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The Planet

    The Planet
    July/August 1998, Volume 5, Number 6

    Big Win for Small Wetlands

    by Jenny Coyle

    Fill a quarter-acre wetland and build a house. Fill a smaller wetland and bury a septic tank. Fill yet another and pave it over for a backyard tennis court.

    Red tape? No problem. Nationwide Permit 29, which sanctions such residential projects on a half-acre or less, is rarely denied by the U.S. Army Corps of Engineers. And while "individual" permits issued by the Corps call for public comment and a thorough environmental review, "general" permits like NWP 29 dodge both public and environmental scrutiny.

    But maybe not for long. In April, a federal court judge in Alaska ruled that the Corps violated the National Environmental Policy Act when it first issued NWP 29 in 1996. Judge John Sedwick said that in crafting the permit, the Corps didn't consider alternatives that would be less damaging, such as limiting the permit to smaller wetlands, or excluding "more valuable" wetlands.

    Sedwick told the Corps to conduct a more thorough NEPA review and barred the agency from processing new fill applications after June 30. Once the Corps has completed its review, which may involve withdrawing NWP 29 or changing its conditions, it must get an order from the court to reinstate the permit. Until then, projects previously covered by NWP 29 will be governed by the more thorough individual permit review.

    Wetlands activists are hailing the judge's decision not only as a validation of their claims against a single general permit, but as a possible harbinger of good news for NWP 26, another controversial permit that allows fills of up to three acres with little analysis. The Clinton administration, after years of pressure from the environmental community, last year agreed to phase out that permit over the next two years and issue replacement permits -- ostensibly less damaging to the environment.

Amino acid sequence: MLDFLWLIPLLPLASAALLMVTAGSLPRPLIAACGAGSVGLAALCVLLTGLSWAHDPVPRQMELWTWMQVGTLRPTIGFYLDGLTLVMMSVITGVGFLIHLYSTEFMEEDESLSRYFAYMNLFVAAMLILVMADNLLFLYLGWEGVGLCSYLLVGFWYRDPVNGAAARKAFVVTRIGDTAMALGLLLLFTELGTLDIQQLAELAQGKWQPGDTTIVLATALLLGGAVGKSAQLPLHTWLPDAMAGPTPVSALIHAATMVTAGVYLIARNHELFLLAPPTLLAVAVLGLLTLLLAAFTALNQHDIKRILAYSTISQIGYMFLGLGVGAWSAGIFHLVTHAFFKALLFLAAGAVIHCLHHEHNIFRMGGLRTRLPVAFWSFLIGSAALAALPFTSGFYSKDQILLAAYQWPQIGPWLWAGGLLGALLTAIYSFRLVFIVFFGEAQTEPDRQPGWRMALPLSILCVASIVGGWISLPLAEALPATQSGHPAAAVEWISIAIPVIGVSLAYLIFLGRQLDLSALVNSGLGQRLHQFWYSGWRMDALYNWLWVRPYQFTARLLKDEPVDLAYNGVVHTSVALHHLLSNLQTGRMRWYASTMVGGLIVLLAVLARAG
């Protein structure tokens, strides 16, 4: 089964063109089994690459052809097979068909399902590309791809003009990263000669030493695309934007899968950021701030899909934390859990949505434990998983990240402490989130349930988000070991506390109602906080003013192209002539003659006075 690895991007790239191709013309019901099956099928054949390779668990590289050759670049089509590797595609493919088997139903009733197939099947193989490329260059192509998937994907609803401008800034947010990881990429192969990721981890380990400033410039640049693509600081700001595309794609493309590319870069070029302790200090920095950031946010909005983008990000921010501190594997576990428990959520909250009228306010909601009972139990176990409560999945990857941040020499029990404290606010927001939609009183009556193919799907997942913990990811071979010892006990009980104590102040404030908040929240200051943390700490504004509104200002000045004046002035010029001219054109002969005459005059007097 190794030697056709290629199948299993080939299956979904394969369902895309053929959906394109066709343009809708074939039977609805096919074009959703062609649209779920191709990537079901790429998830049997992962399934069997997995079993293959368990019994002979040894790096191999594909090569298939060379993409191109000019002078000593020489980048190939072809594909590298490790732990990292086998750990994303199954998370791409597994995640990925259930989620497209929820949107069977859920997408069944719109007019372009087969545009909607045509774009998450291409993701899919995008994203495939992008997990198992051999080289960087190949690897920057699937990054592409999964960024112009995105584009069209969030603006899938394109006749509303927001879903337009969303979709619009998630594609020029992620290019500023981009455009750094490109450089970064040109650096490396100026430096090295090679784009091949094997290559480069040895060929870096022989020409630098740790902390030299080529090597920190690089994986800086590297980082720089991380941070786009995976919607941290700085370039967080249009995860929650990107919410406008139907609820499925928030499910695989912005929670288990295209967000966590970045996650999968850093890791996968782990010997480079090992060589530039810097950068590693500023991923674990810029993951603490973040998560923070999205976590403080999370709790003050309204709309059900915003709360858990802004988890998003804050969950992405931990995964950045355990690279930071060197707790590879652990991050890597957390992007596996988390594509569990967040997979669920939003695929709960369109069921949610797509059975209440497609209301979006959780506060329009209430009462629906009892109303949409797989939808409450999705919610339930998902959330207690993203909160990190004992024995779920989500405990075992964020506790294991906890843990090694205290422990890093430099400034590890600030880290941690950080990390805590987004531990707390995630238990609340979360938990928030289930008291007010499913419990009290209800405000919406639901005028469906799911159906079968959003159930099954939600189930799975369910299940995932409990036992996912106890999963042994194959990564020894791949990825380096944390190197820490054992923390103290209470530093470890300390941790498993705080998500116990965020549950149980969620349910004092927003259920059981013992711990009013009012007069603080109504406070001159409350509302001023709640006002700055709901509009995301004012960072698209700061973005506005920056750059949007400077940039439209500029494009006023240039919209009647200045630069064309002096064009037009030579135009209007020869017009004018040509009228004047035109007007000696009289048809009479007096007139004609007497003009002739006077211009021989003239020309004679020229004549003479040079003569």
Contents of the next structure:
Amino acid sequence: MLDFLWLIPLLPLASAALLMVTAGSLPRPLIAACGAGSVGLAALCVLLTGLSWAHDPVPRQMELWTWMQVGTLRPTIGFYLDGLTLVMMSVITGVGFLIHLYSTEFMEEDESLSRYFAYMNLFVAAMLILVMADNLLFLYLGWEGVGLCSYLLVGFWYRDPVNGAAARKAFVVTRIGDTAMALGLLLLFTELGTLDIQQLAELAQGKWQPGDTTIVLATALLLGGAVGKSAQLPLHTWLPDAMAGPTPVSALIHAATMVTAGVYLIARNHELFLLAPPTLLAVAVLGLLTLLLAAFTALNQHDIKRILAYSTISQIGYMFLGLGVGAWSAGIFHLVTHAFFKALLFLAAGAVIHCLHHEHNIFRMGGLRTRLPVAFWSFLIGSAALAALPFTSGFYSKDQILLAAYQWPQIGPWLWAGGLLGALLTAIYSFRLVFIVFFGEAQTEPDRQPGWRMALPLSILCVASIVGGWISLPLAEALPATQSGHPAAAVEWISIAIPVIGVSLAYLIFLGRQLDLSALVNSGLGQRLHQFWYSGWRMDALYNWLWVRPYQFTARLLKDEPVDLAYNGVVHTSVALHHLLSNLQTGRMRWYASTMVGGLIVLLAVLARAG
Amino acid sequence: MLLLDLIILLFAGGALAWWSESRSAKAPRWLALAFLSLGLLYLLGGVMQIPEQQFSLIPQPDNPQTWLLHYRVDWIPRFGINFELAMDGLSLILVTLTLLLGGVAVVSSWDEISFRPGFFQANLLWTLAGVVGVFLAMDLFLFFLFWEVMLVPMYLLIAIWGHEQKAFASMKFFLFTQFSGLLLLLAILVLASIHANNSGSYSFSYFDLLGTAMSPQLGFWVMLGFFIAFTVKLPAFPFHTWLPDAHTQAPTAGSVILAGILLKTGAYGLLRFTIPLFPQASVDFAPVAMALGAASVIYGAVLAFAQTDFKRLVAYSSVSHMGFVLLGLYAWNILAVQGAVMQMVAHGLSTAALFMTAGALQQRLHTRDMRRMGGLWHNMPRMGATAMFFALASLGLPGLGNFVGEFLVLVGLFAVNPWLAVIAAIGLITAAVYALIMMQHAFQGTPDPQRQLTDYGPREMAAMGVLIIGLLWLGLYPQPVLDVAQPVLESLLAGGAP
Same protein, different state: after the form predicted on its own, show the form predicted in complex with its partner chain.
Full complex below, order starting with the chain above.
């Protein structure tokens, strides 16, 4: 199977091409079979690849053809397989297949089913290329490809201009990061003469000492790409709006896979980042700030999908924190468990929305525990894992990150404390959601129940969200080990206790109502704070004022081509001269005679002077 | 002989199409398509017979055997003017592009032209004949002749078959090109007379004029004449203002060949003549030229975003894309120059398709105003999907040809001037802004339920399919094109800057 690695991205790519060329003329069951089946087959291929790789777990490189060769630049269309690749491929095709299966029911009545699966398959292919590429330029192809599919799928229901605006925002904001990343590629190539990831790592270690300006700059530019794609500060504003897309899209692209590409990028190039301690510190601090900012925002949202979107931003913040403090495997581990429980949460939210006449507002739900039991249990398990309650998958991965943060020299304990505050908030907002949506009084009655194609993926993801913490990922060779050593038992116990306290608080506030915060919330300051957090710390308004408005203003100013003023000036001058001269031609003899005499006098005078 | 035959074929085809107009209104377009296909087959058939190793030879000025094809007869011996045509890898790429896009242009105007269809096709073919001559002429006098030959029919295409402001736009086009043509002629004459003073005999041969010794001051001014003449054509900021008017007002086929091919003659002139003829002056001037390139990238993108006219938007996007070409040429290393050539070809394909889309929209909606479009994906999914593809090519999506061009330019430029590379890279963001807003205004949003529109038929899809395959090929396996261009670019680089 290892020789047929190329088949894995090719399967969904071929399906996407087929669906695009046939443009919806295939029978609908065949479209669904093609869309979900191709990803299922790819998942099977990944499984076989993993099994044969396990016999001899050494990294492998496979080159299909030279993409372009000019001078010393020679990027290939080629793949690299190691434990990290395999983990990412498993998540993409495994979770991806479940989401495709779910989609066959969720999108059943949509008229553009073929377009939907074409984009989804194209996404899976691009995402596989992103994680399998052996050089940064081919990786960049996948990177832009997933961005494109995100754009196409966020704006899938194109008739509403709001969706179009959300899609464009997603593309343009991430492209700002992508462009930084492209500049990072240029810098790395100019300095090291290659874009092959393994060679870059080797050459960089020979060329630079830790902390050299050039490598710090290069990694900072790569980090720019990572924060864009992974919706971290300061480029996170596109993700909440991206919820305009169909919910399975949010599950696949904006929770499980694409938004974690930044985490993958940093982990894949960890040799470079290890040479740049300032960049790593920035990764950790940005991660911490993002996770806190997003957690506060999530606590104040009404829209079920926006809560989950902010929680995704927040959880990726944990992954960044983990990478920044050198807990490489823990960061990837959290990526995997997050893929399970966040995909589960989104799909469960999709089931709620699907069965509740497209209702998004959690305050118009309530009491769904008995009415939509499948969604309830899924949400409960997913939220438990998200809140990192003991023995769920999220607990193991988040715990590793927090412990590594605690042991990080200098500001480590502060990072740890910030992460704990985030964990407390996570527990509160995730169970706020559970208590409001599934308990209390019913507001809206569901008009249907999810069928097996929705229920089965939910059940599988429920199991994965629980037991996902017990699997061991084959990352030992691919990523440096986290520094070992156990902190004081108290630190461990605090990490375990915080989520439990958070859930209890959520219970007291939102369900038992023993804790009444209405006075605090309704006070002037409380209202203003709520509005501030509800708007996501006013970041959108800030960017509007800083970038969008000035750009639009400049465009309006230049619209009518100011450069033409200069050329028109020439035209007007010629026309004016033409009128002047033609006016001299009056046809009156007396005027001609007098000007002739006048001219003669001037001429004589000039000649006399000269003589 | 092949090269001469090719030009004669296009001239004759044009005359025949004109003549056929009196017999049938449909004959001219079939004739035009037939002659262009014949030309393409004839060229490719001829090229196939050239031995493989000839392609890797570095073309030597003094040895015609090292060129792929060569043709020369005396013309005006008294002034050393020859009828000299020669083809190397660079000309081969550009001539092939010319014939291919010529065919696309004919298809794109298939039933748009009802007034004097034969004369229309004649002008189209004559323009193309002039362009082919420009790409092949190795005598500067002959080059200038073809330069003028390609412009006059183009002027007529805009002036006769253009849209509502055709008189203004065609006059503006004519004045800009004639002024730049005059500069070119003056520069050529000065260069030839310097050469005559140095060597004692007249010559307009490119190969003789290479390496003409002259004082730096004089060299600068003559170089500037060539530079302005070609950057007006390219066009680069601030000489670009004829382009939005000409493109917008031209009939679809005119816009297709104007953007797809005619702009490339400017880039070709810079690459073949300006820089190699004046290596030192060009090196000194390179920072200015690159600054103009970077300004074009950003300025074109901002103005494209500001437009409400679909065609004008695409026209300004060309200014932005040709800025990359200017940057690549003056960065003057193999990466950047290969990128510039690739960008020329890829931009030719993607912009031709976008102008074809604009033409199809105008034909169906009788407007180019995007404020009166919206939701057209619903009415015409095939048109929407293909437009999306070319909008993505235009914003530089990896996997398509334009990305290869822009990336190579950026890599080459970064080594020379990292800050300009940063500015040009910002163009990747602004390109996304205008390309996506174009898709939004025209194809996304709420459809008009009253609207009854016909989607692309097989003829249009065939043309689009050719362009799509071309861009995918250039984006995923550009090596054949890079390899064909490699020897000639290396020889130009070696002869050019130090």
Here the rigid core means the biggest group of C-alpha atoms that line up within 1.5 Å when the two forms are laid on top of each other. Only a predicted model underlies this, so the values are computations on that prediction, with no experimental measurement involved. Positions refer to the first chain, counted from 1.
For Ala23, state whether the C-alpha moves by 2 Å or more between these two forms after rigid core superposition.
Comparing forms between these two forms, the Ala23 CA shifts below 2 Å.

"The judge's decision should send a signal to the Corps that it needs to approach the NWP 26 replacements with more caution and environmental review," said Robin Mann, chair of the Club's Wetlands and Clean Water Campaign. "In February, when Clinton announced that his Clean Water Action Plan had a goal to achieve a 100,000-acre net gain in wetlands per year by 2005, we were very skeptical. The administration was in the process of drafting replacement permits that would actually broaden the rubber-stamp permitting, thereby totally undermining their own action-plan goal. But this court ruling has the potential to steer the government toward replacement permits that are less damaging."

    Sedwick's ruling was the result of a lawsuit filed in 1995 by the National Wildlife Federation, the Sierra Club and a dozen other environmental groups. Among the many Sierra Club members whose contributions helped win the case were Deborah Messer, chair of the Algonquin Group in Michigan and Jay Vincent of the Delta (Louisiana) Chapter.

    Many of the environmental groups and individuals involved in the case charged when NWP 29 was created that the permit would pave the way for the incremental destruction of wetlands. Another NWP 29 critic was the U.S. Department of the Interior, which found that 2,507 wetland acres were at risk of being filled for residential development projects in one Pennsylvania county alone.

    No wetland parcel is too small to merit protection.
    "The Corps has no scientific basis for saying fills of one-half acre have no significant environmental impacts," said Tony Turrini, the Alaska-based National Wildlife Federation attorney who filed the suit. "A scientifically based permit that truly scrutinizes a project's impact on wetlands will discourage people from building in wetlands if they don't have to."

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